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For endemic infections in cattle that are not regulated at the European Union level, such as bovine viral diarrhea virus (BVDV), European Member States have implemented control or eradication programs (CEP) tailored to their specific situations. Different methods are used to assign infection-free status in CEP; therefore, the confidence of freedom associated with the “free” status generated by different CEP are difficult to compare, creating problems for the safe trade of cattle between territories. Safe trade would be facilitated with an output-based framework that enables a transparent and standardized comparison of confidence of freedom for CEP across herds, regions, or countries. The current paper represents the first step toward development of such a framework by seeking to describe and qualitatively compare elements of CEP that contribute to confidence of freedom. For this work, BVDV was used as a case study. We qualitatively compared heterogeneous BVDV CEP in 6 European countries: Germany, France, Ireland, the Netherlands, Sweden, and Scotland. Information about BVDV CEP that were in place in 2017 and factors influencing the risk of introduction and transmission of BVDV (the context) were collected using an existing tool, with modifications to collect information about aspects of control and context. For the 6 participating countries, we ranked all individual elements of the CEP and their contexts that could influence the probability that cattle from a herd categorized as BVDV-free are truly free from infection. Many differences in the context and design of BVDV CEP were found. As examples, CEP were either mandatory or voluntary, resulting in variation in risks from neighboring herds, and risk factors such as cattle density and the number of imported cattle varied greatly between territories. Differences were also found in both testing protocols and definitions of freedom from disease. The observed heterogeneity in both the context and CEP design will create difficulties when comparing different CEP in terms of confidence of freedom from infection. These results highlight the need for a standardized practical methodology to objectively and quantitatively determine confidence of freedom resulting from different CEP around the world.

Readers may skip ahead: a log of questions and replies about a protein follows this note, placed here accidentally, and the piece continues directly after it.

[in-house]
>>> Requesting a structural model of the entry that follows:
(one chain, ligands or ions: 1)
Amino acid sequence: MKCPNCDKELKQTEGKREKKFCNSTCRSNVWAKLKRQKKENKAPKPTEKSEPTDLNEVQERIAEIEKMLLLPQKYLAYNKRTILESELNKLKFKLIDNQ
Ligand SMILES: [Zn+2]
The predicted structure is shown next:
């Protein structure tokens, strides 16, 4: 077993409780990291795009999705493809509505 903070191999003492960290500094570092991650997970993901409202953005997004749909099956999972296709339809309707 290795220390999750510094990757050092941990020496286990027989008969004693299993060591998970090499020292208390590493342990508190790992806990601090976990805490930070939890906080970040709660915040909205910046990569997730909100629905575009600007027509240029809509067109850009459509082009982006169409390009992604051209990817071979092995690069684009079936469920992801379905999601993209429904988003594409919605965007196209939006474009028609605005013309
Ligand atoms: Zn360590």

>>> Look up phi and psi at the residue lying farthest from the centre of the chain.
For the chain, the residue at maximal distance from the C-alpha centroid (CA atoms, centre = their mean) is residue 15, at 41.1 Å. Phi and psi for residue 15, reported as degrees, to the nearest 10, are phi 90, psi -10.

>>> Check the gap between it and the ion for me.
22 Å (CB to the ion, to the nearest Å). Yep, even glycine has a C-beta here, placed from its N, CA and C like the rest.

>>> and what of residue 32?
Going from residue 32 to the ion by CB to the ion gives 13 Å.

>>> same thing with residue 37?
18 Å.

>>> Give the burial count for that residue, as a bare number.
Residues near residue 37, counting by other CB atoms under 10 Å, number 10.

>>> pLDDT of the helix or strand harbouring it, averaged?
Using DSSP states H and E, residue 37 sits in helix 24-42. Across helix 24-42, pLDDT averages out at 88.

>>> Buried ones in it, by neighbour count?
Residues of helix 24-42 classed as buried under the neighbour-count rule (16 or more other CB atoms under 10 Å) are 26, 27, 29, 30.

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Surveillance for biosecurity hazards is being conducted by the New Zealand Competent Authority, the Ministry for Primary Industries (MPI) to support New Zealand's biosecurity system. Surveillance evaluation should be an integral part of the surveillance life cycle, as it provides a means to identify and correct problems and to sustain and enhance the existing strengths of a surveillance system. The surveillance evaluation Framework (SurF) presented here was developed to provide a generic framework within which the MPI biosecurity surveillance portfolio, and all of its components, can be consistently assessed. SurF is an innovative, cross‐sectoral effort that aims to provide a common umbrella for surveillance evaluation in the animal, plant, environment and aquatic sectors. It supports the conduct of the following four distinct components of an evaluation project: (i) motivation for the evaluation, (ii) scope of the evaluation, (iii) evaluation design and implementation and (iv) reporting and communication of evaluation outputs. Case studies, prepared by MPI subject matter experts, are included in the framework to guide users in their assessment. Three case studies were used in the development of SurF in order to assure practical utility and to confirm usability of SurF across all included sectors. It is anticipated that the structured approach and information provided by SurF will not only be of benefit to MPI but also to other New Zealand stakeholders. Although SurF was developed for internal use by MPI, it could be applied to any surveillance system in New Zealand or elsewhere.